Problem Solving Environments (PSEs) can be defined as integrated computing environments for developing, executing,
and analysing applications in a specific domain. They provide a set of user-friendly mechanisms and tools that allow
to "compose" an application, by gluing together, using some kind of problem-oriented language, different building blocks.
Such building blocks range from libraries and application codes, to tools for I/O, data visualization and analysis, and
interactive steering. PSEs may also incorporate some form of knowledge, in order to assist the users in formulating,
solving and analysing their problems. The main motivation for developing PSEs is that they enable to build applications
without dealing with most of the details related to hardware and software architectures, to solution algorithms and their
implementations, and to analysis and monitoring tools, thus allowing end-users to concentrate on the application problems
to be solved. PSEs can be used for different purposes, such as modelling and simulation, design optimisation, rapid
prototyping, and decision support.
PSEs have undergone a significant evolution in the last decade, to take into account the rapid changes in hardware and software and the requirements of applications. In particular, the concept of Multi-disciplinary PSE (MPSE) has emerged, which reflects the multi-physics and multi-disciplinary nature of today's advanced applications and the need of combining hardware, software, data and human skills, that are usually distributed over a network and across different organizations. A MPSE has been defined as a framework and software kernel for combining PSEs for tailored, flexible, multi-disciplinary applications, and is naturally thought as network or Grid-enabled.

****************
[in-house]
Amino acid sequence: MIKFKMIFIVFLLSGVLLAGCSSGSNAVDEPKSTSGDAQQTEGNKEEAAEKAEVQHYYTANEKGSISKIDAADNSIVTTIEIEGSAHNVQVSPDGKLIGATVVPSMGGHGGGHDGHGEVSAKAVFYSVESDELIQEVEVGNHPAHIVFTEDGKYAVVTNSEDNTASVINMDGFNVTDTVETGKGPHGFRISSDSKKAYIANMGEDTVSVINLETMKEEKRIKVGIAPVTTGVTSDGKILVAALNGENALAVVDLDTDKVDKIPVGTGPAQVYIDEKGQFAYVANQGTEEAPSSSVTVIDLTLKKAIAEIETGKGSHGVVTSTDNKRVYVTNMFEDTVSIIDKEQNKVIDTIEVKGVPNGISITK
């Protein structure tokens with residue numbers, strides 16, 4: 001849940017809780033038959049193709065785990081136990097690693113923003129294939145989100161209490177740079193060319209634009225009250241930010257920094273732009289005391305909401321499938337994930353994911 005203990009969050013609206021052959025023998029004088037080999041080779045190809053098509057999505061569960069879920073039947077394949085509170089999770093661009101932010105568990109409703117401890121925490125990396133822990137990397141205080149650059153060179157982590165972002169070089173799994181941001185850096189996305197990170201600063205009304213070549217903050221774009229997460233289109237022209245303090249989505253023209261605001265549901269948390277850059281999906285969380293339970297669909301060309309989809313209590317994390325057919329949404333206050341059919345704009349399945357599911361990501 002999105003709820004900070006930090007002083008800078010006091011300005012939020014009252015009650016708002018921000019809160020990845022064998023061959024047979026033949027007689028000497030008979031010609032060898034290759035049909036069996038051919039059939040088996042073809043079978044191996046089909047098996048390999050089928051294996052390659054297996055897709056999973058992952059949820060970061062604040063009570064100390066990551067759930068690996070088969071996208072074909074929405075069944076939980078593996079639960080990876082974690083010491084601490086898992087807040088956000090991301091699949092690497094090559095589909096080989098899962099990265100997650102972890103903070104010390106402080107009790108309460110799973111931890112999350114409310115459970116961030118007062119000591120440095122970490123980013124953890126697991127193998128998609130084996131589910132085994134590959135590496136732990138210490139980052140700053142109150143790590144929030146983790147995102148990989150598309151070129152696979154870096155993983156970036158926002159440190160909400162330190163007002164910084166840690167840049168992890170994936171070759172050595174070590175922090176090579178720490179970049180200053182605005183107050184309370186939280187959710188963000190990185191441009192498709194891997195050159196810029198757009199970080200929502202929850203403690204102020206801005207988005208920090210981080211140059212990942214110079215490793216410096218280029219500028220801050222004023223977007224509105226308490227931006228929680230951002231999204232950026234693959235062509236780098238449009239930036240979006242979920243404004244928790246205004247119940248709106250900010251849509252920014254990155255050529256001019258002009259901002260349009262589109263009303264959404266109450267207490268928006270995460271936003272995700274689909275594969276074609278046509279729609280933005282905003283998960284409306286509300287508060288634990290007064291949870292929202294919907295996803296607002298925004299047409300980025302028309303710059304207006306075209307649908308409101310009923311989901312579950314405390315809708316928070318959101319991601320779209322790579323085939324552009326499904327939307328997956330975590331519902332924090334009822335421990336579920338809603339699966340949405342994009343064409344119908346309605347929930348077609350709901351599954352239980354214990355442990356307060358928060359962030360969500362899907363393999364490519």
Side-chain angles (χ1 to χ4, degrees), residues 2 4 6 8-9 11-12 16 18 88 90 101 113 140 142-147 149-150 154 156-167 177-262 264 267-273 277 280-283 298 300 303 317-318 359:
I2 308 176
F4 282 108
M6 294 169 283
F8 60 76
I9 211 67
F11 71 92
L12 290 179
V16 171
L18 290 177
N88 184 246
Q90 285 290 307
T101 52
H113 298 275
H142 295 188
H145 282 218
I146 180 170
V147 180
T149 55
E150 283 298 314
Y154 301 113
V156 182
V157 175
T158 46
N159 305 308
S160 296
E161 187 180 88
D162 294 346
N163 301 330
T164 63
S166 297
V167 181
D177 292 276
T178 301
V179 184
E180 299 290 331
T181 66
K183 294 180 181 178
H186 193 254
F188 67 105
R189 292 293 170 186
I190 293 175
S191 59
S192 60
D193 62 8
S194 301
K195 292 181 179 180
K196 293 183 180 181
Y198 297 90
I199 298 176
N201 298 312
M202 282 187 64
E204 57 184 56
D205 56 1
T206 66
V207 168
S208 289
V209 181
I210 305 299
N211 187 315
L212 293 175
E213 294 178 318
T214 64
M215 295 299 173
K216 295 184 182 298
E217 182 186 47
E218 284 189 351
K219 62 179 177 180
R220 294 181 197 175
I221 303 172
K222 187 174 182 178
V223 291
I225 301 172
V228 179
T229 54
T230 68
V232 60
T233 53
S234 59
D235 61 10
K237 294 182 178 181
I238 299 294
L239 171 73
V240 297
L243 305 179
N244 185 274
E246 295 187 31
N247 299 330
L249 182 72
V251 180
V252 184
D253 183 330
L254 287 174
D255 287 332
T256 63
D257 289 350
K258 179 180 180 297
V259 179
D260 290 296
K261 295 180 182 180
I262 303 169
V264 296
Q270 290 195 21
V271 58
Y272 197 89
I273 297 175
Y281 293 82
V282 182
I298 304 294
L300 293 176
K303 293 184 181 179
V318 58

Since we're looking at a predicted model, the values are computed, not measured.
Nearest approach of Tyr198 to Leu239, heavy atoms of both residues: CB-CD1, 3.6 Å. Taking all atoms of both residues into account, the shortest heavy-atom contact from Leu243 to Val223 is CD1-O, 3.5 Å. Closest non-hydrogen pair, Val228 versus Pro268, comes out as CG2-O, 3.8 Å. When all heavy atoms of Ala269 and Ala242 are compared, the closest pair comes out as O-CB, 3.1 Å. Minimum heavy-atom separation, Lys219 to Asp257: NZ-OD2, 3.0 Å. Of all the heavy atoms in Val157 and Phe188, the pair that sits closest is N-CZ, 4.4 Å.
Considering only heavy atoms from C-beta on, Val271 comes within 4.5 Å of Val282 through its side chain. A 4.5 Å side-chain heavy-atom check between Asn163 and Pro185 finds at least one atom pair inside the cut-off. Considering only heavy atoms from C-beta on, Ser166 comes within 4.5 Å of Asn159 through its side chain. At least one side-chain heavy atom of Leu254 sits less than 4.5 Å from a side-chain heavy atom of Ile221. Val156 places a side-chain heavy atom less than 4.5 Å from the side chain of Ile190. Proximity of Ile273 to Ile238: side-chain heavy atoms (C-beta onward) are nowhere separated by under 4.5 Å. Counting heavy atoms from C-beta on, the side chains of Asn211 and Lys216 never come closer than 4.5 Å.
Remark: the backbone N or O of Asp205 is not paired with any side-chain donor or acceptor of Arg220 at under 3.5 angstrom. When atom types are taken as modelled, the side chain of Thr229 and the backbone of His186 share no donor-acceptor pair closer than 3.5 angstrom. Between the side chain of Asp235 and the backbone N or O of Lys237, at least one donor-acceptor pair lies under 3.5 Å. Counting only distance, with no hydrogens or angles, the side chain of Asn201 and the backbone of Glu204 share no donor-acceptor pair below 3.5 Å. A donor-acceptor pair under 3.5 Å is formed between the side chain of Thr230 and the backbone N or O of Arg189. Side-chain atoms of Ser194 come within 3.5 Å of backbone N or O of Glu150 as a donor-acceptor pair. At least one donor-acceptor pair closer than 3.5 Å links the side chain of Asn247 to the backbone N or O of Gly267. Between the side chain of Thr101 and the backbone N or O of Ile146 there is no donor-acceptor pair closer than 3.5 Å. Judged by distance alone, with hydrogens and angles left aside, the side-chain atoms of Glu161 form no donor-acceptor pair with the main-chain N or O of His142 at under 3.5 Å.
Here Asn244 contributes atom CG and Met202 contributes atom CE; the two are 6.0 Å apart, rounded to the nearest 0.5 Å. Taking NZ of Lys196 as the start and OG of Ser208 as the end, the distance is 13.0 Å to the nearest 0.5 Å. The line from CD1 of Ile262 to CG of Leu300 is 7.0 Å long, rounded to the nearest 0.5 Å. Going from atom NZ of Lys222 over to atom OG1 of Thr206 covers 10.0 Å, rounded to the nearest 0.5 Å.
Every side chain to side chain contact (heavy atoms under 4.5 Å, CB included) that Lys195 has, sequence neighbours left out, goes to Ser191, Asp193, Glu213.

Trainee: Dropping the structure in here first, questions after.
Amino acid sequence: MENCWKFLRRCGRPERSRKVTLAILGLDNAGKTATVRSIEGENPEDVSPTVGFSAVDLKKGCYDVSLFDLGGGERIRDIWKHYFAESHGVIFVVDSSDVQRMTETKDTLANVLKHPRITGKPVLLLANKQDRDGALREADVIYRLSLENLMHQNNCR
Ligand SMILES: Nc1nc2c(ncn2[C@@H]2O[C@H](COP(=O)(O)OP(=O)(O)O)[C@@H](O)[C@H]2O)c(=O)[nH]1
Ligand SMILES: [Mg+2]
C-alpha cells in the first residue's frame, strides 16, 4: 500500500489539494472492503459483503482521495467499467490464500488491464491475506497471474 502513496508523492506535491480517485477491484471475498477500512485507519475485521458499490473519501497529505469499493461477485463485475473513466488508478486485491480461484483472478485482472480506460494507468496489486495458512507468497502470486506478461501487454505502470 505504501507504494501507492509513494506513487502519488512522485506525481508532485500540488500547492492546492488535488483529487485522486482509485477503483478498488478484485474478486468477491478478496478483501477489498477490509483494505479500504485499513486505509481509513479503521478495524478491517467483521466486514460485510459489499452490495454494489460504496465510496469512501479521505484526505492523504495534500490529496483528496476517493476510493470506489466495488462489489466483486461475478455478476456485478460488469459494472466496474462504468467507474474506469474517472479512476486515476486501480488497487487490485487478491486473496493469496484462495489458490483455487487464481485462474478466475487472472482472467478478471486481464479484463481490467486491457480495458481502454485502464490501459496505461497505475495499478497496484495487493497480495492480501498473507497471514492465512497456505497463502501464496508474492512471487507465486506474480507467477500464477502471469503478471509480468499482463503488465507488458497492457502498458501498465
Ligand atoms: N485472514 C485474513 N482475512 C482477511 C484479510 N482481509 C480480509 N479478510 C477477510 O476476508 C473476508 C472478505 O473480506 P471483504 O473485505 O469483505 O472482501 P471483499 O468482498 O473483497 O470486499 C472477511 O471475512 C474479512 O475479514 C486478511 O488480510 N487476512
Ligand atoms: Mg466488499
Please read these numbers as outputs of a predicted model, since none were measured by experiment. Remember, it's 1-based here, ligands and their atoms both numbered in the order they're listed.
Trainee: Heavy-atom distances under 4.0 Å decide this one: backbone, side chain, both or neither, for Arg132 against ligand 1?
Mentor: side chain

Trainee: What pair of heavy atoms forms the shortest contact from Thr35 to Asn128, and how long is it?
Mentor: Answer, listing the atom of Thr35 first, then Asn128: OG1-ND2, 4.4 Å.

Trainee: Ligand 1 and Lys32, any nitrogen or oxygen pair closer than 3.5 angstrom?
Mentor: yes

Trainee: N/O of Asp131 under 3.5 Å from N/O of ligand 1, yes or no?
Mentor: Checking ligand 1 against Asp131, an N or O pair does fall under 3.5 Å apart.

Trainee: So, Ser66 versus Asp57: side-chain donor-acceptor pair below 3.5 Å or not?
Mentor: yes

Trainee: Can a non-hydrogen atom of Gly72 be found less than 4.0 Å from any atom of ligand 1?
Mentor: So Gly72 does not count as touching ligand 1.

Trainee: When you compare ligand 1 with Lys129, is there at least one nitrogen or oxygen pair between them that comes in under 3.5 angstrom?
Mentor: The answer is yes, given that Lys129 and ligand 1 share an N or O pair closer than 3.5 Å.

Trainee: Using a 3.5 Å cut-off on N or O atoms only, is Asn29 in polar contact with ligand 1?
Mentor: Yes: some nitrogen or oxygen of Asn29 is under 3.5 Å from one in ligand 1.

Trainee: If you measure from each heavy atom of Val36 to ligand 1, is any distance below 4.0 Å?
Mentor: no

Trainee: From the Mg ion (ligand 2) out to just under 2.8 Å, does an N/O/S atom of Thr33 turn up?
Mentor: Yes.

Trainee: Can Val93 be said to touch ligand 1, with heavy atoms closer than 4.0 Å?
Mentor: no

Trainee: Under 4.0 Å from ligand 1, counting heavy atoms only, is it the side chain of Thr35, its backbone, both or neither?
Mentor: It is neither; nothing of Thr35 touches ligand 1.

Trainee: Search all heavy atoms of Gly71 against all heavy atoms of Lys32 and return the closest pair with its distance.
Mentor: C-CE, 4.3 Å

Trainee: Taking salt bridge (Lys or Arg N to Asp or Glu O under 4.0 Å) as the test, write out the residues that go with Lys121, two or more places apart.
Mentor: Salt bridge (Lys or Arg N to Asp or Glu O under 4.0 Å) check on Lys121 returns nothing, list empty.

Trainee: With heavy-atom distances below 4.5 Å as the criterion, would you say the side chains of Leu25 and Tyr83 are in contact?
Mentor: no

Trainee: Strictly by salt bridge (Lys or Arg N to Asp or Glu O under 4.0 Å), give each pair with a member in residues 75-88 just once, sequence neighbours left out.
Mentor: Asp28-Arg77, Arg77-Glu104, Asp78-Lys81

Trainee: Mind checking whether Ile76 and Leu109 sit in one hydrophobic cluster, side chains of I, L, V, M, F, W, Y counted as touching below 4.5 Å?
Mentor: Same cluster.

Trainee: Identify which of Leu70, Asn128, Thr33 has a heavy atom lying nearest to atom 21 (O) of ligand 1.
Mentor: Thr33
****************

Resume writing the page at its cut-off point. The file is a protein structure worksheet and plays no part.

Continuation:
Developing the above fully integrated PSEs is a difficult and costly task, requiring different expertise and a large man effort. An answer to this problem can be given by PSE toolkits, conceived as general frameworks that provide tools for building and deploying specific PSEs and MPSEs. An increasing activity in this area has been observed, which is devoted to defining and implementing architectures for PSE toolkits.
Research and development in the field of PSEs is so active that several environments are available which can be "classified" as PSEs. Nevertheless, more research is needed to realise fully integrated PSEs, enabling more complex simulations, higher levels of abstraction and more effective cooperation among multiple users in distributed collaborative environments. The exploitation of technologies such as parallel and distributed computing, component-based software engineering, advanced interactive visualization, knowledge discovery, and Grid computing plays a fundamental role in pursuing this goal.
This topic addresses multiple aspects of research on PSEs, including design and implementation issues, exploitation of enabling technologies, applications, and education issues.
Prof. Peter Sloot
Section Computational Science
Faculty of Science
University of Amsterdam
Amsterdam, The Netherlands
Prof. Elias Houstis
Department of Computer and Communications Engineering
University of Thessaly
and Department of Computer Sciences
West Lafayette, IN, USA
Prof. Daniela di Serafino
Department of Mathematics
Second University of Naples